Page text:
Now, at around a month old, it has gone from 22 grams - less than a single AA battery - to over 30 grams – the weight of a dessert spoon. 

Keeper Lewis Rowden said, “You have to take care not to squirt the milk into the lungs – you have to let the baby suckle at its own rate. We are just moving on to feeding some solids now – small amounts of mashed boiled sweet potato.”

See and read more after the fold.

Continue reading "Pygmy Slow Loris Baby Is in Good Hands at Paignton Zoo" »


Paignton Zoo Welcomes a Giraffe Calf

1 giraffe

A Rothschild’s Giraffe has been born at Paignton Zoo in the UK! The female calf was born to mother Sangha and father Yoda on the afternoon of January 25.

“She was born during the day, which is unusual but not unheard of. Giraffes mostly give birth overnight,” said Paignton Zoo Curator of Mammals Neil Bemment. 

The yet unnamed calf is doing well and stands nearly six feet tall.

The gestation period for a giraffe is between 400 and 460 days. Mothers give birth standing up – the calf's fall to the ground breaks the umbilical cord. The little calf's head is protect by small, knoby horns. Calves can stand and run within a few hours of birth.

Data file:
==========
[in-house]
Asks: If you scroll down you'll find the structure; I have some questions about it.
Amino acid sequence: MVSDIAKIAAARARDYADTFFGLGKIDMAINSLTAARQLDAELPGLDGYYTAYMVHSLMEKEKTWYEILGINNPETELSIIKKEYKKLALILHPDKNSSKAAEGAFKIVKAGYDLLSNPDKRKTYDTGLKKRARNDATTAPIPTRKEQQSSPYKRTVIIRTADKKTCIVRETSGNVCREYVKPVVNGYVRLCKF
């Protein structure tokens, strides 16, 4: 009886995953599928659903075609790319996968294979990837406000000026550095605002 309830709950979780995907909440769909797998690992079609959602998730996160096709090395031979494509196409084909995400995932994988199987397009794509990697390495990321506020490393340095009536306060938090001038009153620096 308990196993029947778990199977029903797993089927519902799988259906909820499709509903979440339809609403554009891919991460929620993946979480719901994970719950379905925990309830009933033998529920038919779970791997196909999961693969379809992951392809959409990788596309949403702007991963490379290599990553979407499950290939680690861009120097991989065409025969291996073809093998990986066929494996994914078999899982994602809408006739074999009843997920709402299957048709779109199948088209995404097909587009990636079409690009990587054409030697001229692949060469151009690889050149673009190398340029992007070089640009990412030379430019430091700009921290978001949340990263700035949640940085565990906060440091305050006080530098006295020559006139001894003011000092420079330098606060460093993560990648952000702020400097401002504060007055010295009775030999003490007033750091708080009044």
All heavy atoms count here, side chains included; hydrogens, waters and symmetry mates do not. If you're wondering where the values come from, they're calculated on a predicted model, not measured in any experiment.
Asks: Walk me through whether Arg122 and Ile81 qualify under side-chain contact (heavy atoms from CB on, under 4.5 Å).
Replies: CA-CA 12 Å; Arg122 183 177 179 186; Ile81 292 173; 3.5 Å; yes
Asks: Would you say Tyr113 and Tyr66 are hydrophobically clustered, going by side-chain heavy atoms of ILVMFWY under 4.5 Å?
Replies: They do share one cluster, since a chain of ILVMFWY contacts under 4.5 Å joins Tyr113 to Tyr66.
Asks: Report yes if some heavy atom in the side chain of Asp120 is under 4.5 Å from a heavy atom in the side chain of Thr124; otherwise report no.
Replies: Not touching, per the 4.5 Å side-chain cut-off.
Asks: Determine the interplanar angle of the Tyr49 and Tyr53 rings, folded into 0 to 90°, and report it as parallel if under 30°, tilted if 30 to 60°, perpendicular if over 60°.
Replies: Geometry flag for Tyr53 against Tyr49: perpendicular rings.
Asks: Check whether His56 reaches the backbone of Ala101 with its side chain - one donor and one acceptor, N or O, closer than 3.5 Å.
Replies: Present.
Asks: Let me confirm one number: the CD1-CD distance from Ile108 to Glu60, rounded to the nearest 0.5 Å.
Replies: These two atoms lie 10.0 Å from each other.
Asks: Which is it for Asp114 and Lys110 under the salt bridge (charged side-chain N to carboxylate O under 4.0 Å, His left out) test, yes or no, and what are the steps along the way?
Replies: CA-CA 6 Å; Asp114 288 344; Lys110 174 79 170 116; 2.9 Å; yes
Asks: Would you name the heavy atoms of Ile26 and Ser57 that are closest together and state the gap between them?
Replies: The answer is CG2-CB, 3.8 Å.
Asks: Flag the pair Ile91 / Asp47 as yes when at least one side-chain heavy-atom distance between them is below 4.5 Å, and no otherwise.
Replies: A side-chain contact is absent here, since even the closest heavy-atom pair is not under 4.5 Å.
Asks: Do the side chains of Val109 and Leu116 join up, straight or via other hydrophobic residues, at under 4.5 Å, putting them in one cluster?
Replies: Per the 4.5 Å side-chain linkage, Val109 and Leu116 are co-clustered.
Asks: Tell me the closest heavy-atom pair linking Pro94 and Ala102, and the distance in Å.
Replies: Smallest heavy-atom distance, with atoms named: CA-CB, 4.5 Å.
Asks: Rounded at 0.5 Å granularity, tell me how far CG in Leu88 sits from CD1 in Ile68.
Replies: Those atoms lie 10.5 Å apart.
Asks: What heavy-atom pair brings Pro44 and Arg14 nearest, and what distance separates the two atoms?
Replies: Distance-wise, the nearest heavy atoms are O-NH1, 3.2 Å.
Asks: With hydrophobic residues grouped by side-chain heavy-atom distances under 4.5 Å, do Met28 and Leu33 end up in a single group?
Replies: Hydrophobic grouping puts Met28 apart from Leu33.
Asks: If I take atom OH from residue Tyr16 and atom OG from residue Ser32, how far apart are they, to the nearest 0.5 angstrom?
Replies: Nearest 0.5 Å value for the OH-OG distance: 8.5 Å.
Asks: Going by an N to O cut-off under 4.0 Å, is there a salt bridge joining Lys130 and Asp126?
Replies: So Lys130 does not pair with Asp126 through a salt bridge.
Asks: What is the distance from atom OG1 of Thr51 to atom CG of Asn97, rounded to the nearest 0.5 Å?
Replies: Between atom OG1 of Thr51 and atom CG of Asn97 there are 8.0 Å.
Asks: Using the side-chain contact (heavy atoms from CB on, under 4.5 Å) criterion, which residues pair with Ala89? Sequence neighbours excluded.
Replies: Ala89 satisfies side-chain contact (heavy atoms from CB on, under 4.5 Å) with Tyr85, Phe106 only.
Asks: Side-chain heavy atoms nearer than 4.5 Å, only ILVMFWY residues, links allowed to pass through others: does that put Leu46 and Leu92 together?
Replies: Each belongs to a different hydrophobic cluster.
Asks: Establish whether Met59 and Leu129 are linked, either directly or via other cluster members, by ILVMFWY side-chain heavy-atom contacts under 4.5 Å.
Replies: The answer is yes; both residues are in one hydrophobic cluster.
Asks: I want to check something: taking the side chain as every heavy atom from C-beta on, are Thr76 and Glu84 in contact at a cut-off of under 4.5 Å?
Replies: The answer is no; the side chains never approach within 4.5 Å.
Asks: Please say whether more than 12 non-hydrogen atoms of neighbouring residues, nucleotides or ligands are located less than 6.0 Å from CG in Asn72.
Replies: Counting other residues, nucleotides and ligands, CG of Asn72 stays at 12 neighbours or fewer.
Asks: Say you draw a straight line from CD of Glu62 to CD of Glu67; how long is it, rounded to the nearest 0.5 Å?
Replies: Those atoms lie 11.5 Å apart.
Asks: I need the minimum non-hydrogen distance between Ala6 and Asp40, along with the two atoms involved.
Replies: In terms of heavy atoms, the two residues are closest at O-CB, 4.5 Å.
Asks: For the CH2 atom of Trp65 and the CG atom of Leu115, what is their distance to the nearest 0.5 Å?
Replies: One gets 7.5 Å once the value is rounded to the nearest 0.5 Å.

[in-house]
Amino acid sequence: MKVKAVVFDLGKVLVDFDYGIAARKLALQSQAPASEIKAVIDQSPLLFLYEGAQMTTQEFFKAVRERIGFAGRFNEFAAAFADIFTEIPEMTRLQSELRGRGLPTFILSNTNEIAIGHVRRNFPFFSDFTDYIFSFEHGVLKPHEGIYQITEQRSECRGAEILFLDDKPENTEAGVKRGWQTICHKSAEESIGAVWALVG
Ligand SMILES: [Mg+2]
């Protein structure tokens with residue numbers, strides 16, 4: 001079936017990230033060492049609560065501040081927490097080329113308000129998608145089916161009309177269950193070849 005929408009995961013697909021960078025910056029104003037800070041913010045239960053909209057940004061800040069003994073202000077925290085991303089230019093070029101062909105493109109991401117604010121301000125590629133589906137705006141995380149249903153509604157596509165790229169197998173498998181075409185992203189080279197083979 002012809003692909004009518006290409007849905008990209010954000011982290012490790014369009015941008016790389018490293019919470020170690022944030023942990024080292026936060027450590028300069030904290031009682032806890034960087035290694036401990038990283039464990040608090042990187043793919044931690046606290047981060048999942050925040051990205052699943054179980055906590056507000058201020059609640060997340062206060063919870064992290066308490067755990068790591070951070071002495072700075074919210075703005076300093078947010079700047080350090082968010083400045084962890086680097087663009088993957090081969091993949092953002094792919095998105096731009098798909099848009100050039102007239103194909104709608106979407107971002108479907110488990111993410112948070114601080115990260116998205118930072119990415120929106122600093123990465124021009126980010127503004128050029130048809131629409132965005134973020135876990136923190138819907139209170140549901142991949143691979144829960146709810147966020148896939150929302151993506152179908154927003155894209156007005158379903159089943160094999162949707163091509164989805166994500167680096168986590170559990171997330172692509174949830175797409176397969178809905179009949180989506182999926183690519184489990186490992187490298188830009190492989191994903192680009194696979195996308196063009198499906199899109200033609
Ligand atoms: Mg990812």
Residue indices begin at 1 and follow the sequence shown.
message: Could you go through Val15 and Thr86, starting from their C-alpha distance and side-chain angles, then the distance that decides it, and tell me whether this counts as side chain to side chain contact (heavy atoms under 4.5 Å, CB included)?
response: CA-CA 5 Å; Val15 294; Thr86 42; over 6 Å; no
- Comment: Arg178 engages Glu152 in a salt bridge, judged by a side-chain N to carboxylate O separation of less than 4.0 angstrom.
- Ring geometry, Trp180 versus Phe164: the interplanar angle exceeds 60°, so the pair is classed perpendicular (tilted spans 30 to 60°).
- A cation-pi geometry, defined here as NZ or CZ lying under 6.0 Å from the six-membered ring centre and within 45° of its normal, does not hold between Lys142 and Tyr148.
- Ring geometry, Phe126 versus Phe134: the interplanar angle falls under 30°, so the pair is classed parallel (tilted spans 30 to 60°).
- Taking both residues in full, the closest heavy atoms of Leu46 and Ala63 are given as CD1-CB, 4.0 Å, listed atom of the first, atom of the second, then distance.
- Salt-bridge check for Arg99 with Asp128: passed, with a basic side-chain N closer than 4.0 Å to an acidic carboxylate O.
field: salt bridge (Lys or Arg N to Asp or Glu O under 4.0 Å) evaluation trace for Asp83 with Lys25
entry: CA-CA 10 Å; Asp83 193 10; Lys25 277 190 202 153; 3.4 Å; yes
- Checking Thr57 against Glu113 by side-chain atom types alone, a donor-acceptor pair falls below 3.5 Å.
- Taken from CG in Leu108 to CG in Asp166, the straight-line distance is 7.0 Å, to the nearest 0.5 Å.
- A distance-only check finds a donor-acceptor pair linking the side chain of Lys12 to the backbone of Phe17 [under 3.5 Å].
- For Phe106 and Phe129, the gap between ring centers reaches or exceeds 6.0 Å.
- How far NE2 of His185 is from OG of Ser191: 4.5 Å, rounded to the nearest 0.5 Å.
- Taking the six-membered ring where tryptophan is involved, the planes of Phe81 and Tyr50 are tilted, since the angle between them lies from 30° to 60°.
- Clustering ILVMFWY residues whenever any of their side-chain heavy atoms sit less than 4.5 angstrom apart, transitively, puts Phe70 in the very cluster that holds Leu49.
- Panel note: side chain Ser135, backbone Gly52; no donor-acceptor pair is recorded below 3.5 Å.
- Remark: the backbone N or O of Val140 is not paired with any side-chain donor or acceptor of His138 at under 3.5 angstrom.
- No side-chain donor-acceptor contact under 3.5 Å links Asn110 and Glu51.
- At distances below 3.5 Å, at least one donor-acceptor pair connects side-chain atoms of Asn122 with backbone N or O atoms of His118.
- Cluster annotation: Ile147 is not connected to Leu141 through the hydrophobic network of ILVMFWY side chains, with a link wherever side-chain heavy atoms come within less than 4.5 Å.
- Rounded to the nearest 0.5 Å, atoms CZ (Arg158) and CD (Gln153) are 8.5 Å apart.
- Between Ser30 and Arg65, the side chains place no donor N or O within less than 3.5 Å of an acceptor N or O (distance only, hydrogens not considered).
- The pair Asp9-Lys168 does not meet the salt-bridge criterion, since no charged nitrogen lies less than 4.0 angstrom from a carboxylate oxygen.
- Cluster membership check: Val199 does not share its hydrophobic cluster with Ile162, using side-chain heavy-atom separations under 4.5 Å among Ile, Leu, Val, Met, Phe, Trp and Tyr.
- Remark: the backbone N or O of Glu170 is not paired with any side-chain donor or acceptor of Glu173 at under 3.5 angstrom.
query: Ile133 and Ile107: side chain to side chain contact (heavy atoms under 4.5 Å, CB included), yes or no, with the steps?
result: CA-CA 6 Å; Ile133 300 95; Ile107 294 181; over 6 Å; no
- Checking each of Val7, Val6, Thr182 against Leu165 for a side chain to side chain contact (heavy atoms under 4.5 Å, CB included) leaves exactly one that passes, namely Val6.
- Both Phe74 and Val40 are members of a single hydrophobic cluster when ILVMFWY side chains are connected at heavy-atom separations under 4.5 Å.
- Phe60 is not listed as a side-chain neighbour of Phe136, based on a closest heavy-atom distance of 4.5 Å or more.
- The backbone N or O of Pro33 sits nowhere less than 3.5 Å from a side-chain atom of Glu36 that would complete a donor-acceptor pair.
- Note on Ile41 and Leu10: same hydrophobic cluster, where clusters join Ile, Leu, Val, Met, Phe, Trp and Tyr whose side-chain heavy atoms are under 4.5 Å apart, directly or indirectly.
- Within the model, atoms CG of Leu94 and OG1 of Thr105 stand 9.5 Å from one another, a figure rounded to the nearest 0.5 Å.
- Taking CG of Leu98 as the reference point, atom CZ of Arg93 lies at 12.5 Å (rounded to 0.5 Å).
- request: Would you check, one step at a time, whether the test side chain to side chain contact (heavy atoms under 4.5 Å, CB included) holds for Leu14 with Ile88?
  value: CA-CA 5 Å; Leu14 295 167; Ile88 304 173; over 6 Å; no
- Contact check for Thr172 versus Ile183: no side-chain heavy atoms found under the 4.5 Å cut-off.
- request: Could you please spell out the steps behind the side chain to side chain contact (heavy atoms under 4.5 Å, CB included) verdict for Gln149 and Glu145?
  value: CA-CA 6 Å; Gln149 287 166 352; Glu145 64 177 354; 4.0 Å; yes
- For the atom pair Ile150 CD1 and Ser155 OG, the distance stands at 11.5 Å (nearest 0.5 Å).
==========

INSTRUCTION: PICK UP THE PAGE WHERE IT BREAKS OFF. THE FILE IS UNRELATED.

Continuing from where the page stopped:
2 giraffe

3 giraffePhoto credit: Paignton Zoo

See a video of the birth:

 

Paignton Zoo's giraffes are a subspecies called the Rothschild or Baringo Giraffe. Rothschild's Giraffes are classified as Endangered, and their breeding across European zoos is managed by a European Endangered Species Program. 

Father Yoda came from Givskud Zoo, Denmark, where he was born in November 2004. He arrived at Paignton Zoo in September 2006. Sangha came from Liberec Zoo in Slovakia. The Zoo’s other female is Janica, who came to Paignton Zoo from Duvr Kralove Zoo in the Czech Republic.

The other youngsters at the zoo are Valentino, born to mother Janica in February 2012 and Otilie, who was born to mother Sangha in September 2012. A male calf was born in August 2013 to Janica and Yoda, but sadly, he died soon afterwards.


Baby Boom at the UK's Paignton Zoo

Baby Capy

Paignton Zoo Environmental Park has welcomed a crop of early summer babies. Among them is this Capybara, who was born on May 15, getting a nuzzle from mom. The Capybara hails from South America and is the largest rodent in the world. To aid them when in water, where they go for tender greens to eat and to beat the heat, they have webbed feet and thick fur -- and their eyes, ears, and nose are positioned high on their head, which they hold above the surface.